So now we know Clegg’s defining purpose in government, or at least one of them – he is in charge of an exercise inviting the public to nominate laws that should be scrapped. For example:
I’ve just discovered for instance, would you believe it, that there’s still an old law in the statute book that says it’s an offence if you don’t report a grey squirrel in your own back garden.
Scrapping that particular rule will save an absolute fortune for the Exchequer. Really. Because Whitehall phones never stop ringing as obedient members of the public report millions of squirrel sightings each day. Or maybe not.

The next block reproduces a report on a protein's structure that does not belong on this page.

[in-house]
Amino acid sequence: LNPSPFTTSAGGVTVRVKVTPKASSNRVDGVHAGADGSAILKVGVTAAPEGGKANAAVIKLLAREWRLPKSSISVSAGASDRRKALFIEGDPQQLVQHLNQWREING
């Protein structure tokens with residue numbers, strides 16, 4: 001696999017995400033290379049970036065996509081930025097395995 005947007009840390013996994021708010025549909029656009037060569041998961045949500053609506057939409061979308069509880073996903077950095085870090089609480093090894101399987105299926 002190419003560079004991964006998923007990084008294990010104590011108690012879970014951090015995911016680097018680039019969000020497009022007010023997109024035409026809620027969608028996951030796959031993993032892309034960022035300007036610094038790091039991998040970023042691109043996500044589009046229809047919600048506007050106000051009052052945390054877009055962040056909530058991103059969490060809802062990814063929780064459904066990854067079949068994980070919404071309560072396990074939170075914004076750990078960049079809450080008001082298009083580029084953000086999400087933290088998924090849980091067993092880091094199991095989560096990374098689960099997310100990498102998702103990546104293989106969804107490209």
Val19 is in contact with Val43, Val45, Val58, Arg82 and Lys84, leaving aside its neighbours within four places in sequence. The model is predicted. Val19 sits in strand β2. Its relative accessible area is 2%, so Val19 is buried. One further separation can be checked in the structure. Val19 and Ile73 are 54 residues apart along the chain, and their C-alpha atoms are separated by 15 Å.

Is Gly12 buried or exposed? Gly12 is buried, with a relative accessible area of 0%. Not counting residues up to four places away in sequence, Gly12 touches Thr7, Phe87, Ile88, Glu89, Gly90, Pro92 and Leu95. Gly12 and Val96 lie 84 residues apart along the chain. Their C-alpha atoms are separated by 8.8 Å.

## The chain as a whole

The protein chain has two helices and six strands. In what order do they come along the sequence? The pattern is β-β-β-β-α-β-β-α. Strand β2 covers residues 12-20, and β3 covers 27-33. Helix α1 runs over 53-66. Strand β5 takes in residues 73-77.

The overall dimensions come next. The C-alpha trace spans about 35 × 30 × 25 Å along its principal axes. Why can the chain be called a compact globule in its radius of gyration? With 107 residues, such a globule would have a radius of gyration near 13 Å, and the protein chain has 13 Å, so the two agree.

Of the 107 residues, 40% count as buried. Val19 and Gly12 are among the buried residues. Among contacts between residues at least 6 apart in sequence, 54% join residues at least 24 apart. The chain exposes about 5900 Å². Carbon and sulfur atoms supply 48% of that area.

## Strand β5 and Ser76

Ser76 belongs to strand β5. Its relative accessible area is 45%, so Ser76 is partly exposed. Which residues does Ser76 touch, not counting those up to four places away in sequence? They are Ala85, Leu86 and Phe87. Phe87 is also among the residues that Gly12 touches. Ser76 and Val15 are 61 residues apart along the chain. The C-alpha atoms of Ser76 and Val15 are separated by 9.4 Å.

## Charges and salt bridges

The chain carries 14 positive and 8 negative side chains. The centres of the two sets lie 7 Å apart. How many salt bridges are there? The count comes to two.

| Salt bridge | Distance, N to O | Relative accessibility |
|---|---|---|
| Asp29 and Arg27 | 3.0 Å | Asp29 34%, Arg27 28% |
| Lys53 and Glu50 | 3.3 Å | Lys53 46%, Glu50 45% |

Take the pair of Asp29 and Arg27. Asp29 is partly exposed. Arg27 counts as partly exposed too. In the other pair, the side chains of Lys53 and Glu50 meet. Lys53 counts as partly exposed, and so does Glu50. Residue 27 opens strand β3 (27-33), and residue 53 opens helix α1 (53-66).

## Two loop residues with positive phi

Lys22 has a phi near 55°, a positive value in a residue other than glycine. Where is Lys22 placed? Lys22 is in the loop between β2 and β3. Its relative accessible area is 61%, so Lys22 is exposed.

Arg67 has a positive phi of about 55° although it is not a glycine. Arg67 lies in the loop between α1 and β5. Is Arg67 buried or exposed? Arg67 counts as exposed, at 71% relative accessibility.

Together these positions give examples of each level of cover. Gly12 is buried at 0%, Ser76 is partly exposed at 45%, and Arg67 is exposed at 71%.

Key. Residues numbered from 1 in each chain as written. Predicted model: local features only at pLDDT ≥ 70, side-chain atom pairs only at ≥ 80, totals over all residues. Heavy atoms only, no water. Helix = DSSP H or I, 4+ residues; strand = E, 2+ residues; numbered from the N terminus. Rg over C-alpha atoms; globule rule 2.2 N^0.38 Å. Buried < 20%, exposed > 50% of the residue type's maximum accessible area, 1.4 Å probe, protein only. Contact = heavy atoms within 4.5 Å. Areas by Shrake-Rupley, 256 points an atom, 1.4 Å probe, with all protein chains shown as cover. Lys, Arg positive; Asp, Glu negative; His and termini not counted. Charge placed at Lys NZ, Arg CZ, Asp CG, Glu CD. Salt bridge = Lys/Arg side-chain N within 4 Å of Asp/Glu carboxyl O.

UPDATE: Alex here. Just wondering whether Danny Alexander learned anything as press officer for the Cairngorms National park, a great safe haven for the red squirrel. Won’t Clegg’s love of the marauding grey put the red jewels of the Cairngorms at risk?
Jim asked Downing Street this morning how much the entire exercise cost Whitehall, with no success*. But we now know the red squirrel may be paying an existential price.
* Sue Cameron reminds readers of FT Notebook this morning of the classic Yes Minister episode where the civil servants save money by axeing the new Bureaucratic Watchdog Office.